U.S. to no longer produce anti-personnel landmines
WASHINGTON (Reuters) - The United States said on Friday it would no longer produce or purchase landmines that target people, paving the way for Washington to eventually join an international treaty banning the weapons.
The Obama administration stopped short, however, of announcing that it would destroy its large existing stockpile of anti-personnel landmines.
The decision was announced at a review conference of the Mine Ban Treaty in Mozambique, where advocates welcomed the administration's statement but said it did not go far enough because Washington reserved the right to continue using its current stockpile.
"We are diligently pursuing solutions that would be compliant with and ultimately allow the United States to accede to the Ottawa Convention - the treaty banning the use, stockpiling, production and transfer of APL (anti-personnel landmines)," the White House said in a statement.
The U.S. delegation attending the review conference declared the administration would "not produce or otherwise acquire any anti-personnel landmines in the future, including to replace existing stockpiles as they expire," the statement said.
The United States has not produced landmines since 1997 but had reserved the right to resume production until Friday's announcement. It is not known to have used anti-personnel landmines in combat since the 1991 Gulf War.
Landmines kill 15,000 to 20,000 people each year, mainly children, women and the elderly, according to a 2008 United Nations report. The Mine Ban Treaty became international law in 1999.
Washington abides by many provisions of the treaty, which had been endorsed by 161 countries as of January but has not been joined by Russia, China, India and the United States.
The United States stopped using long-life anti-personnel mines in 2011 and agreed to destroy its stockpile of 1.3 million of the weapons. But it maintains a supply of so-called smart landmines that can deactivate or self-destruct.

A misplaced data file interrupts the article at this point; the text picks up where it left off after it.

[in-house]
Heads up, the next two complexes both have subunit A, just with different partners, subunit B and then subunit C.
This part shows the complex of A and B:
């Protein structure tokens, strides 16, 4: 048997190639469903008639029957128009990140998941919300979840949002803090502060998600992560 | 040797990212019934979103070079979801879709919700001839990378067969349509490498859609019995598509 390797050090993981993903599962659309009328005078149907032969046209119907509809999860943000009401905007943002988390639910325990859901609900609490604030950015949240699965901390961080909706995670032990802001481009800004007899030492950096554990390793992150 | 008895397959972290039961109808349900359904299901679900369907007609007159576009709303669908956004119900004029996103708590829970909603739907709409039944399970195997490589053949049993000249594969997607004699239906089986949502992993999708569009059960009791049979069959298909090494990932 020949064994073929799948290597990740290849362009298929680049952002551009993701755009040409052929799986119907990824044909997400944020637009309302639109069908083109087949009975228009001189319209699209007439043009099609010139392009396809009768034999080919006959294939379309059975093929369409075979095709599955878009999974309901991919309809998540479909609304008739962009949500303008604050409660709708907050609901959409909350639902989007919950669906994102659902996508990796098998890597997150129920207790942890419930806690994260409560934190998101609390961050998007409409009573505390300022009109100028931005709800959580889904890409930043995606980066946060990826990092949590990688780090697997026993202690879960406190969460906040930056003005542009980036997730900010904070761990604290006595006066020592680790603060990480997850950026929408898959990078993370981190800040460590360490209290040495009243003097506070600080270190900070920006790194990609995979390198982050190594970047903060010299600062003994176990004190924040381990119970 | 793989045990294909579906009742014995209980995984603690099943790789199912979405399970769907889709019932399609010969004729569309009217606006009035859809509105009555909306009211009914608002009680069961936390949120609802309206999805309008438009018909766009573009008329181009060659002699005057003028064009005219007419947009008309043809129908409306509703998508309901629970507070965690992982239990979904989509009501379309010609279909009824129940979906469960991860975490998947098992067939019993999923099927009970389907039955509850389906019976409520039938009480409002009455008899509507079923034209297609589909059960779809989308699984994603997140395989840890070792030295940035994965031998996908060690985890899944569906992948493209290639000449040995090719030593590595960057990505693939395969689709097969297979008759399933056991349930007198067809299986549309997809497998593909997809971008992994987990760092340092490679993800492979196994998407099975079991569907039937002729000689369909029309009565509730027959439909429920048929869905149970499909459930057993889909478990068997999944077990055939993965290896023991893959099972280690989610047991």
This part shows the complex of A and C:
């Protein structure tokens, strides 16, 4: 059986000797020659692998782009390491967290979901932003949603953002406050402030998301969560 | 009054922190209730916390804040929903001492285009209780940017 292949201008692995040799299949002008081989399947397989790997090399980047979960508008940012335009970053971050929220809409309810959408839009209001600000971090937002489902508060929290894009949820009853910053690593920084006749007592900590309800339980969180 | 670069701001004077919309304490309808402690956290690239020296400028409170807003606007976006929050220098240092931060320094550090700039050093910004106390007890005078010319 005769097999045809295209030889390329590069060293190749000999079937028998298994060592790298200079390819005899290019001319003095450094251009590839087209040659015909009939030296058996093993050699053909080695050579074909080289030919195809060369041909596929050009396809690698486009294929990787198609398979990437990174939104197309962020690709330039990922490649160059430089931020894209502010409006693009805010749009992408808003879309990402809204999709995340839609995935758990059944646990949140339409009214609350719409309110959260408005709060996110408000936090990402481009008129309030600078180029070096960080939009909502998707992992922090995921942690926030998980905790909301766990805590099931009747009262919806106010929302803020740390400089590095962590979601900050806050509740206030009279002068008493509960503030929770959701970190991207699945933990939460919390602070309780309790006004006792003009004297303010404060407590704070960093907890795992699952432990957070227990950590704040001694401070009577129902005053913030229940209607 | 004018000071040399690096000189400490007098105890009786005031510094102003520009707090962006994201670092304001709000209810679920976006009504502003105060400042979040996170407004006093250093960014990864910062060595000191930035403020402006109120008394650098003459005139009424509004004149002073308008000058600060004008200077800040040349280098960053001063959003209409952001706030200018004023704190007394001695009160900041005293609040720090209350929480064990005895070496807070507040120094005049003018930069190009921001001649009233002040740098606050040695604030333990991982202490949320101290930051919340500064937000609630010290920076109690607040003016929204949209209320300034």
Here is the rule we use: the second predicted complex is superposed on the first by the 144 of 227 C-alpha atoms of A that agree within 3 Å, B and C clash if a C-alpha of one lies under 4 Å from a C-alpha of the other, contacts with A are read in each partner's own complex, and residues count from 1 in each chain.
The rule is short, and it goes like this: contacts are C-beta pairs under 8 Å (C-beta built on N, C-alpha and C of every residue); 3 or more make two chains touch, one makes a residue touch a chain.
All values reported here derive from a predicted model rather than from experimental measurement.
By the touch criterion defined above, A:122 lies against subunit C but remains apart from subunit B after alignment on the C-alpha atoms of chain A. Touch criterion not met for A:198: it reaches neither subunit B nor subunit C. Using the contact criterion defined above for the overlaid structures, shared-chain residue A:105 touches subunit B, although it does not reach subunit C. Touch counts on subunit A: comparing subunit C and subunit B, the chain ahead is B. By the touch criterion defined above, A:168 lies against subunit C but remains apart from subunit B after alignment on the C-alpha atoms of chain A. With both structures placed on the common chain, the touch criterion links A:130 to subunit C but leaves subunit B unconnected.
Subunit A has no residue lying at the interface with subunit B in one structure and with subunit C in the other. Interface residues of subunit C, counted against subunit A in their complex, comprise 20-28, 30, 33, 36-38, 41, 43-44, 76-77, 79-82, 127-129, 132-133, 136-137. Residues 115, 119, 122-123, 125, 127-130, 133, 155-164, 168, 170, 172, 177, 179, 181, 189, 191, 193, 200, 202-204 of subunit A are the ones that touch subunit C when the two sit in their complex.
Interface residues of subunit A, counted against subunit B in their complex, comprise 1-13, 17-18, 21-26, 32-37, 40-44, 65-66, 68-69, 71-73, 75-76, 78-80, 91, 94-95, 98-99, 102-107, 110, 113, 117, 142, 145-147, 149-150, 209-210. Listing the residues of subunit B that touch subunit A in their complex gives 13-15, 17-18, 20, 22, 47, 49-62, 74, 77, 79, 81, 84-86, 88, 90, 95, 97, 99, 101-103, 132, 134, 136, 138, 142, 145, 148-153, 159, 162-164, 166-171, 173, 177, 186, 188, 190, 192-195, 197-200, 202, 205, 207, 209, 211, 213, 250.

Army General Martin Dempsey, chairman of the Joint Chiefs of Staff, told a congressional panel in March that mines were "an important tool in the arsenal of the armed forces."
Some Republican lawmakers questioned the wisdom of Obama's announcement. "(Obama's) announcement today is perfect for a feel good press release but bad for the security of our men and women in uniform," California Representative Buck McKeon, chairman of the House of Representatives Armed Services committee, said in a statement.
But Vermont Democratic Senator Patrick Leahy, who has pushed for a ban, called the White House's action "incremental, but significant." "An obvious next step is for the Pentagon to destroy its remaining stockpile of mines, which do not belong in the arsenal of civilized nations," he said in a statement.
Steve Goose of Human Rights Watch welcomed the U.S. announcement, but said it "does not go nearly far enough."
"The U.S. is reserving the right to use its 10 million anti personnel mines until they expire and are no longer usable. It makes little sense to acknowledge that the weapons must be banned due to the humanitarian harm they cause, and yet to insist on being able to use them," he said in an email.
He urged Washington to set a target date for joining the treaty.
(Reporting by Steve Holland, David Alexander and Patricia Zengerle; Editing by Sofina Mirza-Reid)
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